LONDON – BCI has claimed its presence in China is having a “positive impact on farmers [and] their families” and the environment in response to a series of questions about heightened forced labour concerns in the Xinjiang region. “BCI is a robust, well-established and well-managed multi-stakeholder organisation with strong governance bodies and related procedures,” the cotton standard told Apparel Insider.
Addressing the question of whether China is too big to fail for BCI, it told us: “China’s 20 per cent share of Better Cotton produced worldwide reflects its position on the world cotton market. BCI Programmes are implemented globally, and we are not dependent on Better Cotton from one single country or region.”
BCI also claimed results from its investigations this season as well as from direct or indirect third-party sources, did not, “find any evidence of incidences of forced labour on farms within BCI Programmes.”
BCI’s comments follow recent reports by risk agencies including Maplecroft, which claims auditing in Xinjiang has become impossible and, just last week, the Fair Labour Association (FLA) which said the risk of forced labour in China’s textile sector is “present at all levels of the supply chain, from the farm level (for cotton and other agriculture products) to finished-goods manufacture.”
BCI also touched upon comparisons with Uzbekistan, a country which brands eventually boycotted due to concerns about forced labour in its cotton industry.
Many expert commentators claim there is now no difference between Uzbekistan and Xinjiang, with some saying that, in the latter, forced labour issues are even more endemic. In response, BCI said: “In Uzbekistan, there is clear and undeniable evidence that the Government has voluntarily mobilised parts of the workforce including teachers, healthcare professionals, and in some instances, children, to pick cotton during the harvest. These efforts have been classed as forced labour as outlined by the ILO’s core conventions on forced labour, and therefore, campaigning organisations have implemented a ban on Uzbek cotton. A critical mass of retailers and brands have signed the cotton campaign pledge to not knowingly source cotton from Uzbekistan.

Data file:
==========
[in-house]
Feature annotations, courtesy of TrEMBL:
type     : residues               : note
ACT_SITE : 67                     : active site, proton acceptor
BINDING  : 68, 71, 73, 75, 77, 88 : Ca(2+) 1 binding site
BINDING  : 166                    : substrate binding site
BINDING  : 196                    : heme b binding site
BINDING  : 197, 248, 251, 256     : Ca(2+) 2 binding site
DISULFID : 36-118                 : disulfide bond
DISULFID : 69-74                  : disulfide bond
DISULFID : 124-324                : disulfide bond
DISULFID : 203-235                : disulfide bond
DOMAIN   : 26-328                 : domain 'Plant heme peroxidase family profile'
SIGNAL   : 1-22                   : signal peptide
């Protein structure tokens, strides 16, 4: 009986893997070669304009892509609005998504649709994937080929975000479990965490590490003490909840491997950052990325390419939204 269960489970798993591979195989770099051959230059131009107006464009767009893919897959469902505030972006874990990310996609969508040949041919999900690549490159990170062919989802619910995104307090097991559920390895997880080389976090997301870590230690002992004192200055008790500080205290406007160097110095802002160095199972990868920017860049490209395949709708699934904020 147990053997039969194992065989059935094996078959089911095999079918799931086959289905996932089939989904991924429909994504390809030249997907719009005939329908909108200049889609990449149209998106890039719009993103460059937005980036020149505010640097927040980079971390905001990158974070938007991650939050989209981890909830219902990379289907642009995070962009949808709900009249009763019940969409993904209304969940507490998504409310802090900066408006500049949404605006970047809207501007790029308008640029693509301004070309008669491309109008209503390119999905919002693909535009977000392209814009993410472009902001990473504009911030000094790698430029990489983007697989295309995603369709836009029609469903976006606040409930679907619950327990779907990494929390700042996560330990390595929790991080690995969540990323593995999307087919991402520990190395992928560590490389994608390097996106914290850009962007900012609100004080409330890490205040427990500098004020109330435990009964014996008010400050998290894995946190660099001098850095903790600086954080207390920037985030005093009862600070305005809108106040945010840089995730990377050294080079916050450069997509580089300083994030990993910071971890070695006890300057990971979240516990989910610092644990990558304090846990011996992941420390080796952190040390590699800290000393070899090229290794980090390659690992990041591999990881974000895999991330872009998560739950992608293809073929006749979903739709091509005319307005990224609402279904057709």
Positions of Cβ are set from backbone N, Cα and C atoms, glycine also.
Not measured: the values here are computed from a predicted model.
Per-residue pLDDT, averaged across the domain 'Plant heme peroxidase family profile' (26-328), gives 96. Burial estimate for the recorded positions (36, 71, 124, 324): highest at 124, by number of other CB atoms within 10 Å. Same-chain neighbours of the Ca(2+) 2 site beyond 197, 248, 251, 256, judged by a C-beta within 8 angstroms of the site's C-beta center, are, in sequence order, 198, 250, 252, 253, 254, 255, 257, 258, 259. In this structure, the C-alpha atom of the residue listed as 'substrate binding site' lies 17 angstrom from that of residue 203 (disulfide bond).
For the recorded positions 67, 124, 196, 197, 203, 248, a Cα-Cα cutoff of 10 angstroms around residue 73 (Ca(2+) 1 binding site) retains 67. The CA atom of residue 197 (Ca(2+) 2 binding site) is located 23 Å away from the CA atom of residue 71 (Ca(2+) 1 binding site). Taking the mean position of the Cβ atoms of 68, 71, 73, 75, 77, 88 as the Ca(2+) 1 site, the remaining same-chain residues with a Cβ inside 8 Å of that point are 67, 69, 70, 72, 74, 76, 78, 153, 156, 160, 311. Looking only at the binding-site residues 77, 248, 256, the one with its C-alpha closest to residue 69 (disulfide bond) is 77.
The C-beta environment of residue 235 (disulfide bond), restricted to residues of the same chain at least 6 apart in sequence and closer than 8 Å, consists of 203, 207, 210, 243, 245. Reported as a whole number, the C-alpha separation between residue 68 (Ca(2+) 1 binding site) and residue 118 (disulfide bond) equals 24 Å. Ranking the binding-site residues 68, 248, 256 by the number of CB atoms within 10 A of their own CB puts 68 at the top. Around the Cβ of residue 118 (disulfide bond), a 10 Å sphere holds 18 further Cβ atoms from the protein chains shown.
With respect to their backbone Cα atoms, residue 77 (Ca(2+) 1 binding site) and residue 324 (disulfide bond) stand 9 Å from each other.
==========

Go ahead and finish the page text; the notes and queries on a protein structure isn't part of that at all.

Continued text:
“While there are similarities, the situation in Xinjiang, from BCI’s perspective, is different. To date, there is no evidence that state orchestrated forced labour is happening at farm-level, the scope within which the Better Cotton Standard is applicable.
“During the 2018-19 cotton season, the International Finance Corporation (IFC), a member of the World Bank Group, launched an independent sustainable cotton project in Uzbekistan based on the Better Cotton Principles and Criteria, which are publicly available to whomever wishes to consult or apply them.
“We have started participating in IFC’s Sustainable Cotton Project Consultative Council as an observer member, in order to encourage multi-stakeholder dialogue. The Consultative Council is a multi-stakeholder forum in Uzbekistan including the Uzbekistan Government, relevant line ministries and local authorities.”
Forced labour in Xinjiang will be the cover story in our next magazine. To find out more see: https://apparelinsider.com/subscribe/?lid=5